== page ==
George V. Reilly

Review: Flashman in the Great Game

Title: Flashman in the Great Game
Author: George MacDonald Fraser
Rating: ★ ★ ★ ★
Publisher: Plume
Copyright: 1975
Pages: 322
Keywords: historical fiction, humor
Reading period: 16–25 August, 2016
Flashman Papers V: 1856–58

Flashman in the Great Game finds Flashy back to India, sent there by prime minister Lord Palmerston to look into worrying rumors of mutiny amongst the Indian troops and to sweet talk the re­cal­ci­trant Rani of Jhansi. After an attempt upon his life by Thugees, Flashman goes undercover in the native cavalry at Meerut, where the Sepoy Mutiny begins soon after. He then finds himself in the Siege of Cawnpore and the Siege of Lucknow and imprisoned at Gwalior before being almost continue.

Homograph Attacks

During an internal training exercise today, as a sort of one-man Chaos Monkey, I de­lib­er­ate­ly broke a test system by changing a config setting to read:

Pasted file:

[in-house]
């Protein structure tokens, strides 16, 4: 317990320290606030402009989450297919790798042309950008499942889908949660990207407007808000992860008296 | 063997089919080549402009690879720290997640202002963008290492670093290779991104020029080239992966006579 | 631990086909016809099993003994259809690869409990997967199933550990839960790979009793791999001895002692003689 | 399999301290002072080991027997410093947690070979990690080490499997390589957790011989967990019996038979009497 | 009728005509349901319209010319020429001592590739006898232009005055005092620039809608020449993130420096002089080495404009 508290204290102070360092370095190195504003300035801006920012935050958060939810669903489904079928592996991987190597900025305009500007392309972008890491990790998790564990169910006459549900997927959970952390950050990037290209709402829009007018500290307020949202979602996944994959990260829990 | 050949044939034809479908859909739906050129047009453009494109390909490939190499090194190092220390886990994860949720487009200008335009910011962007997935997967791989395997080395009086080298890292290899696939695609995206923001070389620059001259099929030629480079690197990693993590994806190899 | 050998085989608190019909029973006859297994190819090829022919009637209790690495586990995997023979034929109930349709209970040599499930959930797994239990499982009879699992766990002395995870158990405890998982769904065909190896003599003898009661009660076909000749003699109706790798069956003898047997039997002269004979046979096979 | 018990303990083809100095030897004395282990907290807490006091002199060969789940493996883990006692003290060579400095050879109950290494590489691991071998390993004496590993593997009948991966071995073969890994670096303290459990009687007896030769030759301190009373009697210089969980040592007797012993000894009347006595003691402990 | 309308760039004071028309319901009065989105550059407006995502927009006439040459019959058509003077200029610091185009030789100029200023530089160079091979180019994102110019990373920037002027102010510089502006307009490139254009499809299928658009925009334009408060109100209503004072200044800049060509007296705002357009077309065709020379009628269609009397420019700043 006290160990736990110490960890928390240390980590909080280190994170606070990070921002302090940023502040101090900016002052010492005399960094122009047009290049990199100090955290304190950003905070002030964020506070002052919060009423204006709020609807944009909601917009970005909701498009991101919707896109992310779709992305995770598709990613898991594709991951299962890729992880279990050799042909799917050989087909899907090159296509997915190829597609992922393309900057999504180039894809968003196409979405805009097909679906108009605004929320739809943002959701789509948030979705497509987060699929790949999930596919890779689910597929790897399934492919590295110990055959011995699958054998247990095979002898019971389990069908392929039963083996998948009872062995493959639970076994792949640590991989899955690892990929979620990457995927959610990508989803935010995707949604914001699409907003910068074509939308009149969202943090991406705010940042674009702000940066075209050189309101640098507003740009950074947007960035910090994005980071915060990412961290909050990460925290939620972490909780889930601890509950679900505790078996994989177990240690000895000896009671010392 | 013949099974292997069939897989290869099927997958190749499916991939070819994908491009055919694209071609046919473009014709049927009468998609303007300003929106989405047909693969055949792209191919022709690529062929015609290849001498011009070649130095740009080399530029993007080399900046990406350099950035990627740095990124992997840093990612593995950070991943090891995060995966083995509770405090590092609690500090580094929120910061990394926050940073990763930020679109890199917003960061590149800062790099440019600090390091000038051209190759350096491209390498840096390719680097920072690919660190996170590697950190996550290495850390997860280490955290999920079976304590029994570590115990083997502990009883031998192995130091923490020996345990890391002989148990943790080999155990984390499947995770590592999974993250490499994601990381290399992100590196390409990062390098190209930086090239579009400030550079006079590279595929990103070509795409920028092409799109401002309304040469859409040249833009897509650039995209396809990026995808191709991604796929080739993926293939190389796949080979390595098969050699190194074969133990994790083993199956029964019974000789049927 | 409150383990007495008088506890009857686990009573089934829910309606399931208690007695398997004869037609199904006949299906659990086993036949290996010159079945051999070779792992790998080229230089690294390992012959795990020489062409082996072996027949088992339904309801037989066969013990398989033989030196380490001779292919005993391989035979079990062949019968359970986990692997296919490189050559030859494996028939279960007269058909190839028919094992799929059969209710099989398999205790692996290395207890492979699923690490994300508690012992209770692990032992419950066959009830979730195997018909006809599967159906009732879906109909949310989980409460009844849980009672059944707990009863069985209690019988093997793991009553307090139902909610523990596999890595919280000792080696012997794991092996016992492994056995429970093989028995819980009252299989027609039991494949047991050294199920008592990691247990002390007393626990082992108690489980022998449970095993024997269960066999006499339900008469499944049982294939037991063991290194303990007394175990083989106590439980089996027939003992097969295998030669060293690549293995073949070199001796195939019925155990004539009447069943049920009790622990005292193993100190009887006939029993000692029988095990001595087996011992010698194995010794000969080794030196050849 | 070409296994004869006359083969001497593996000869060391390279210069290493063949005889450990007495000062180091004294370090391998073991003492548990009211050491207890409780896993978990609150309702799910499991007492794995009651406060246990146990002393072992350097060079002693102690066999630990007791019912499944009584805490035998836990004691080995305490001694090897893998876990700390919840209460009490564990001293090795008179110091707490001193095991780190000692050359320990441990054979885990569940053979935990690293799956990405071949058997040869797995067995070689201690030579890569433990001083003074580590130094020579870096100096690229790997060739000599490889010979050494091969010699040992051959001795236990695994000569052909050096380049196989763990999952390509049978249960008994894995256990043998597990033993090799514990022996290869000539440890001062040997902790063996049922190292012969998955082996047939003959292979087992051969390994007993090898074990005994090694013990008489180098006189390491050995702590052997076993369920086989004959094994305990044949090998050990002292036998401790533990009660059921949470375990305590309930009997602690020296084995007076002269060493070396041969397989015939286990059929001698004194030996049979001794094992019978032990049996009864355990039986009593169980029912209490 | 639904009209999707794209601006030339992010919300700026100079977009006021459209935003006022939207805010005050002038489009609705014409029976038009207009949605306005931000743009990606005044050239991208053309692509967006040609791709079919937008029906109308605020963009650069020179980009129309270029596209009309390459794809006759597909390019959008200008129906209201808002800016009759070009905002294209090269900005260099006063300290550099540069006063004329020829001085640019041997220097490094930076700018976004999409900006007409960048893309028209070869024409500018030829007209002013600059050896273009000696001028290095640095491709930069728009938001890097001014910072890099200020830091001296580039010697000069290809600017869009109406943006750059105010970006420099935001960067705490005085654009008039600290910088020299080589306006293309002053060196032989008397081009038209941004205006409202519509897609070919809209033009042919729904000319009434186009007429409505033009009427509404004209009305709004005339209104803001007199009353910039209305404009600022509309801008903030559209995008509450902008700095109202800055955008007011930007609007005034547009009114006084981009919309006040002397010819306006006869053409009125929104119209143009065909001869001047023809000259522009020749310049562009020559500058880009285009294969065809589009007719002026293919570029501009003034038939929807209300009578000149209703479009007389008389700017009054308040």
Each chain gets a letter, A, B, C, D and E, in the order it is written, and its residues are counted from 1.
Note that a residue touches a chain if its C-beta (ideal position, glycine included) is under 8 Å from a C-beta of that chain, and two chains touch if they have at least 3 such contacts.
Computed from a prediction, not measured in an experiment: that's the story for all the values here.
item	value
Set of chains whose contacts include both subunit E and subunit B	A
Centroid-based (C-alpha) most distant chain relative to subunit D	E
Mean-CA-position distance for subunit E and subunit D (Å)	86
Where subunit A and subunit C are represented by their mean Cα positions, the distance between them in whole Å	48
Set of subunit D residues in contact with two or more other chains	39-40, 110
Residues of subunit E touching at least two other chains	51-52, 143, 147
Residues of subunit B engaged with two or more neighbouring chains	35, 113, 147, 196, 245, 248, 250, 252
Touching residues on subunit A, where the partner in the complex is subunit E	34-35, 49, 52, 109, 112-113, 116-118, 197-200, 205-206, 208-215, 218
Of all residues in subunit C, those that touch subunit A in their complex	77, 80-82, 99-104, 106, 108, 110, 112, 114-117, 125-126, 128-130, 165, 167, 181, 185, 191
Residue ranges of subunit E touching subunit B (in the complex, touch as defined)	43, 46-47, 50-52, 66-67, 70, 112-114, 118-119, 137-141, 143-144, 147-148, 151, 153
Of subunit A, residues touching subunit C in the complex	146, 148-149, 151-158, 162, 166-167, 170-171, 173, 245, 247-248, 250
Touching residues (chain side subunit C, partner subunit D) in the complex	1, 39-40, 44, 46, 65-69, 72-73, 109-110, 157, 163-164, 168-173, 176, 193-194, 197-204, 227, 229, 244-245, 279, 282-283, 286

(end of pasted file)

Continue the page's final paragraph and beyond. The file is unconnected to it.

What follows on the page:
itemfinder.url = http://test-і

The correct value should have been:

itemfinder.url =

What’s that, you say? There’s no difference, you say?

There is a difference, but it’s subtle. The first i in the URL is CYRILLIC SMALL LETTER BYELORUSS­IAN-UKRAINIAN I’ (U+0456), not LATIN SMALL LETTER I’ (U+0069). Depending upon the font, the two is may be visually in­dis­tin­guish­able, very similar looking, or the Cyrillic i may not render.

This is an example of an In­ter­na­tion­al Domain Name Homograph Attack. There are Greek letters and Cyrillic letters that look very similar to Latin continue.

Flame Graphs and Flame Charts

I was in­ves­ti­gat­ing the per­for­mance of a web app today, and I spent some time looking at the Flame Chart vi­su­al­iza­tion in Chrome’s profiling tools, which helped identify some problems.

Flame Charts are like Brendan Gregg’s Flame Graphs, except that the charts are sorted by time, while the graphs are sorted al­pha­bet­i­cal­ly.

Quoting from Gregg’s recent ACM Queue article:

A flame graph has the following char­ac­ter­is­tics:

Review: Flashman At The Charge

Title: Flashman At The Charge
Author: George MacDonald Fraser
Rating: ★ ★ ★ ★
Publisher: Plume
Copyright: 1973
Pages: 288
Keywords: historical fiction, humor
Reading period: 7–16 August, 2016
Flashman Papers IV: 1854–55